And then there’s rugby, which is the other religion. Again – I don’t really follow it, but everybody knows what is going on with it. The rivalry against England is fierce, and on important match days then the pubs will be packed with people watching.

How does your country compare to others, especially the States since my audience is primarily American? Environmentally? Politically? Culturally?
Ester: Okay. Well, we hate the English. Just kidding. Sort of. Any Welsh person will probably kill you for calling them English. We don’t mind being called British (in fact, not a lot of people have much interest in independence from Britain), but don’t call us English. 
In terms of government, we have a Welsh Assembly that meets down in Cardiff. The members of said Assembly are elected. They have limited power to make legislations or prevent legislations, but are still technically under the control of Parliament. We get free prescriptions under the NHS.

Pretty majorly, Wales has its own language. All our signs are printed in both English and Welsh. We have Welsh churches where the sermons are all in Welsh. The strongest Welsh areas tend to be North-West Wales and Anglesey, though people do speak it elsewhere as well. 

Welsh Assembly
Tasha: Oh wow, that’s a big question. We are linked to England, so have their government and monarchy. And cuts. The laws are very strict in terms of guns, drunk driving, drug possession, etc.  There are a mixture of schools, just like in England. State schools are free to everyone. Private schools are fee paying. Public schools are rare here and they’re very, very, very expensive. 

Culturally, there’s a big attitude of “these things happen." If something goes wrong, something goes wrong. You deal with it, you make do. We love that our weather is so unpredictable and changes every five minutes, and we really  love talking about our weather. In the communities especially, you help each other out. There’s a lot of adopting people as your family. In the same way, there are arguments that are generations old and that nobody can remember the beginnings of. I don’t really understand that.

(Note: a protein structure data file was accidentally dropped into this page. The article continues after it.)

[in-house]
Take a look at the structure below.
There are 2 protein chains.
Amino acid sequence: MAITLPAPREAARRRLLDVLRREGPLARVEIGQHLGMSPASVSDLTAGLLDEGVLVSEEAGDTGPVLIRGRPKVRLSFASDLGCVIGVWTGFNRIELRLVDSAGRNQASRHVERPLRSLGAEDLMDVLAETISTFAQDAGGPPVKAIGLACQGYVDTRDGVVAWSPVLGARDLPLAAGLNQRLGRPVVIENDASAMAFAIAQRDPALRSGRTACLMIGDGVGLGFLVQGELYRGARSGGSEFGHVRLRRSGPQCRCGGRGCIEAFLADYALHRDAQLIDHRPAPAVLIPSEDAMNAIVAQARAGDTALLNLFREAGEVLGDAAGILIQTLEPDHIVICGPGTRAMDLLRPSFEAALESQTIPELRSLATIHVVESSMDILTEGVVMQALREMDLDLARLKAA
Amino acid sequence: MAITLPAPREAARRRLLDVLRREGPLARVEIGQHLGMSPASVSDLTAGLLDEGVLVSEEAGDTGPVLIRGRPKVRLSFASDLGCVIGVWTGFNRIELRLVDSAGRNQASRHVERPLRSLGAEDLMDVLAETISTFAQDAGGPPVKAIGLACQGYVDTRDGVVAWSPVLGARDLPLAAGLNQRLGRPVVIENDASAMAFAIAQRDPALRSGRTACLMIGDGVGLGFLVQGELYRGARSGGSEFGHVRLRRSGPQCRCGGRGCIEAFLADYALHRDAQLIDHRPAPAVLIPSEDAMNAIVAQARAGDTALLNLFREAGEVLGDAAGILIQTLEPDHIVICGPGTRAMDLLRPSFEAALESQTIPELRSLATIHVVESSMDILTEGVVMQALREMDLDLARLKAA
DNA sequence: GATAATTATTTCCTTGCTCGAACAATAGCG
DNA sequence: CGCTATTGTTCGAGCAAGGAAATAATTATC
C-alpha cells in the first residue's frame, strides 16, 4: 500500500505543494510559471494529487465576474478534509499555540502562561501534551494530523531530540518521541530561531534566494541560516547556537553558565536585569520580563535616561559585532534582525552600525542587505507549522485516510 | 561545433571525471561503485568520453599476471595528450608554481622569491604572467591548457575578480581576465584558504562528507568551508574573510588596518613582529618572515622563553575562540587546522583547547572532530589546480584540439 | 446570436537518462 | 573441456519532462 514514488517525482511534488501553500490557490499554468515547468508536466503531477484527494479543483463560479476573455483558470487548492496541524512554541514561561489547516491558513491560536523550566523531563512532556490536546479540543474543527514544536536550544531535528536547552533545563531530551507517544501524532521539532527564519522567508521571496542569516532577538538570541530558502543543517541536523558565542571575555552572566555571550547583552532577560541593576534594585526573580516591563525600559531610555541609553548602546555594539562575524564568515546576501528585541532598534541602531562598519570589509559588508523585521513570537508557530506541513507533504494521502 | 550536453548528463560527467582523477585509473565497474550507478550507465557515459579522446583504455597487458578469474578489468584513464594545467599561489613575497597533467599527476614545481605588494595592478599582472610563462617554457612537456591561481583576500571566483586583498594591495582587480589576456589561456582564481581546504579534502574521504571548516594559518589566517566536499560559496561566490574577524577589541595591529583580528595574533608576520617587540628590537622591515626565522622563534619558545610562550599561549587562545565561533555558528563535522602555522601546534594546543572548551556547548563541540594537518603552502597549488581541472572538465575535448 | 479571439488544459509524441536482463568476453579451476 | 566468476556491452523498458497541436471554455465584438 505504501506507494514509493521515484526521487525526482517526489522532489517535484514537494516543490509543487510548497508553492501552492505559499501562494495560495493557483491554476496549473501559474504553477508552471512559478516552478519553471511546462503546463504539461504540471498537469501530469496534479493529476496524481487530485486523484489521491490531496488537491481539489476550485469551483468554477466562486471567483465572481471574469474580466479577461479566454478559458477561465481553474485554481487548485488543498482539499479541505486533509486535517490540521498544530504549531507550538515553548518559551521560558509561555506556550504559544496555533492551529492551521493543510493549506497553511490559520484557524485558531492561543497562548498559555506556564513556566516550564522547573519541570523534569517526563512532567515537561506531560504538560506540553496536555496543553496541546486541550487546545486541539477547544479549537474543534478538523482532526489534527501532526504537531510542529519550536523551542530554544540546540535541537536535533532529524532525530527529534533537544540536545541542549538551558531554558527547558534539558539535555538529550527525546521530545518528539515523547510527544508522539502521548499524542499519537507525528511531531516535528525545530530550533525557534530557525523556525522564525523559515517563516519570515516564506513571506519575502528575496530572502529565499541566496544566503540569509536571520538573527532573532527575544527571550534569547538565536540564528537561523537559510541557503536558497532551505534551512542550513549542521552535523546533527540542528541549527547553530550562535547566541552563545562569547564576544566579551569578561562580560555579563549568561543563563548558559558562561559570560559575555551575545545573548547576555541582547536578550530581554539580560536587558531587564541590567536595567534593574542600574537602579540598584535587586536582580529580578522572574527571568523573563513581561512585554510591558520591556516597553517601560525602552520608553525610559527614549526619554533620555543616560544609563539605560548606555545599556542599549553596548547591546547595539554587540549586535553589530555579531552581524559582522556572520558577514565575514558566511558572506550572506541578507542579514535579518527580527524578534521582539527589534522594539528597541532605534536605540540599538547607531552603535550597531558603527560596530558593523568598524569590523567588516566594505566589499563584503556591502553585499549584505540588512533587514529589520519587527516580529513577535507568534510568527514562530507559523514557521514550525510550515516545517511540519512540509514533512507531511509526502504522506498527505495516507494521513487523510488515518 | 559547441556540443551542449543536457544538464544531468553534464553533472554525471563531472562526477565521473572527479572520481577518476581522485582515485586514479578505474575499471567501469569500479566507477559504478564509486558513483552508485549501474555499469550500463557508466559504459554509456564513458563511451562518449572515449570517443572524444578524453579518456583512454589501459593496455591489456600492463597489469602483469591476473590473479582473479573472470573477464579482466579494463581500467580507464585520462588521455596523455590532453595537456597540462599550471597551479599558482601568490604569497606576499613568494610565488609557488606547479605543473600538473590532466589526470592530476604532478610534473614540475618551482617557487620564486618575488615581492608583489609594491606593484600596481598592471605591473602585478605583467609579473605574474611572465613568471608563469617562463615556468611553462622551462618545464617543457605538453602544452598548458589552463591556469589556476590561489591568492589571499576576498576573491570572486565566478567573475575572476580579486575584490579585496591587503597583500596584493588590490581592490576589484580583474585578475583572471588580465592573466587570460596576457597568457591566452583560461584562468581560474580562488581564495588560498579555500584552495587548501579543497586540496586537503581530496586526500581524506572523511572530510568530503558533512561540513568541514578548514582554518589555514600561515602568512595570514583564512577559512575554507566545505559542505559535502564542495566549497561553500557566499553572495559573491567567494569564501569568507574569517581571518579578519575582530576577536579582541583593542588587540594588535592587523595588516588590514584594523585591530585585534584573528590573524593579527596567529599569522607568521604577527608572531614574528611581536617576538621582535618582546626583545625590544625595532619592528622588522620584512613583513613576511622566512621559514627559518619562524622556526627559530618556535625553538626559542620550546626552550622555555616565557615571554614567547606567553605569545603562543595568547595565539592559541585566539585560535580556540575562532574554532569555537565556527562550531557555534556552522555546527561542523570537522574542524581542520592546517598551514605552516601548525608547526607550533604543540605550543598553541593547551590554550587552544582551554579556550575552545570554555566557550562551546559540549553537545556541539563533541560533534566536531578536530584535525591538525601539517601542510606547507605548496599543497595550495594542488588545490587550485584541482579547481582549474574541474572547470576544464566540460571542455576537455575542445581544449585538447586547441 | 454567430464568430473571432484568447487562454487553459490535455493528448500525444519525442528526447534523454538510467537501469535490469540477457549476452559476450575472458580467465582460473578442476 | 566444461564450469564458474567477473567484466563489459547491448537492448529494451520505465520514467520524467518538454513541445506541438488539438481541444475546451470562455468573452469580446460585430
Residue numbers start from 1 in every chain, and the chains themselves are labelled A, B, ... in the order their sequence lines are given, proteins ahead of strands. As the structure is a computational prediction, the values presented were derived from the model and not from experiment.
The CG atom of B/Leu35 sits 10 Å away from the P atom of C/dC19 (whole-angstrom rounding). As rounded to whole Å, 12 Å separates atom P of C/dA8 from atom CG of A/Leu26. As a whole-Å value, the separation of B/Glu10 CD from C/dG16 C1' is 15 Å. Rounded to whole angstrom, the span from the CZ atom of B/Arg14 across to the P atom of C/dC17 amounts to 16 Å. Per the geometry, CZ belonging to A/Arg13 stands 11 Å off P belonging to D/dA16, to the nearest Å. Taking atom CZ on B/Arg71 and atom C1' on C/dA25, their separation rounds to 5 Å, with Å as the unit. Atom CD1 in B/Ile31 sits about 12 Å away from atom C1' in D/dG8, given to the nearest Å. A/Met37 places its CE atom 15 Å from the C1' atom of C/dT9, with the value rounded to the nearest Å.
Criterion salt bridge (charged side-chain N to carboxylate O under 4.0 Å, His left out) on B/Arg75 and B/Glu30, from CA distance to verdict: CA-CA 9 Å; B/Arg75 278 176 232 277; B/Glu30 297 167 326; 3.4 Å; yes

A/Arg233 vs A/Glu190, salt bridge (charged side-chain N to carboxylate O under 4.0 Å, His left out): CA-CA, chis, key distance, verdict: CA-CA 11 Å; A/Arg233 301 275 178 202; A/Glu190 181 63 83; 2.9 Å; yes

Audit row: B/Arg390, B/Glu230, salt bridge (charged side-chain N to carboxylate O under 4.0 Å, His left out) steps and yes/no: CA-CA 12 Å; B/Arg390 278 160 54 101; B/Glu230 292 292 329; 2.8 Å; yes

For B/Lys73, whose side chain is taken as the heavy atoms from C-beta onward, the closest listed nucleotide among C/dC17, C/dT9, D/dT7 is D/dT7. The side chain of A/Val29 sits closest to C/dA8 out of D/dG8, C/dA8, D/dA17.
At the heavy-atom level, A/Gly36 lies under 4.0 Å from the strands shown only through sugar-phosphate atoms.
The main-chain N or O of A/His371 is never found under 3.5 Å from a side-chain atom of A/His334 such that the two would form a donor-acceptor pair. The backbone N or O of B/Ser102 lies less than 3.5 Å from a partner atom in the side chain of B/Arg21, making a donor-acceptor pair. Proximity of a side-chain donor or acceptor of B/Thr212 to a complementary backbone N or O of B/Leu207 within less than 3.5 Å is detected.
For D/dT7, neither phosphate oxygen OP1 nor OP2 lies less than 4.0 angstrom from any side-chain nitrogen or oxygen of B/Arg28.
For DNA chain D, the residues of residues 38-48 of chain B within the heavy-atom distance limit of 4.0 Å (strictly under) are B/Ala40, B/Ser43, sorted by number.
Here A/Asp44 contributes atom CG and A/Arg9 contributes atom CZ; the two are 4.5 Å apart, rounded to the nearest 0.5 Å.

There’s a very slight divide between the North and the South of Wales – the language differs, the accent differs and the attitude differs slightly. But being kind and loyal is universal, here. The sense of humour is very soft, and there’s a lot of fond teasing!

What are some stereotypes about your country that irk you?
Ester: We exist. We’re not English. We are, in fact, a separate country, albeit one under the heading of the United Kingdom. Please understand this. 

Other than that, we don’t all own sheep. Even if we do have significantly more sheep than people. We don’t all own them. Sheep are not the centre of our entire culture. They aren’t all that important to most of us. Not all of us live on farms. In fact, most of us don’t. I swear we’re not all grumpy. We happen to be perfectly happy living in Britain. We just don’t like being called English. We aren’t stupid. We don’t drink constantly. We’re not boring. 
I mentioned the rain, but I will also mention that it doesn’t rain constantly. We do have sunny days where it is actually warm. 


  • Inbreeding really isn’t that common, I swear.
  • No-one has slept with a sheep, guys. That stereotype has to die.
  • Whilst a lot of Wales is rural, a lot of it is urbanized. The times, they are a’changin’… 
  • The Welsh hate being mistaken for the English. But I’m actually English, so I might not be in a position to comment?!

Briefly describe three of your country’s historical events that you feel are important.

  • 1. In around 607, King Æthelfrith of Northumbria defeated the Welsh at the Battle of Chester, probably taking place at Bangor-is-y-Coed. Æthelfrith then ordered the monks at the monastery to be slaughtered. It's believed that around 1200 monks were killed. This effectively brought the Church of Rome into complete control of both England and Wales.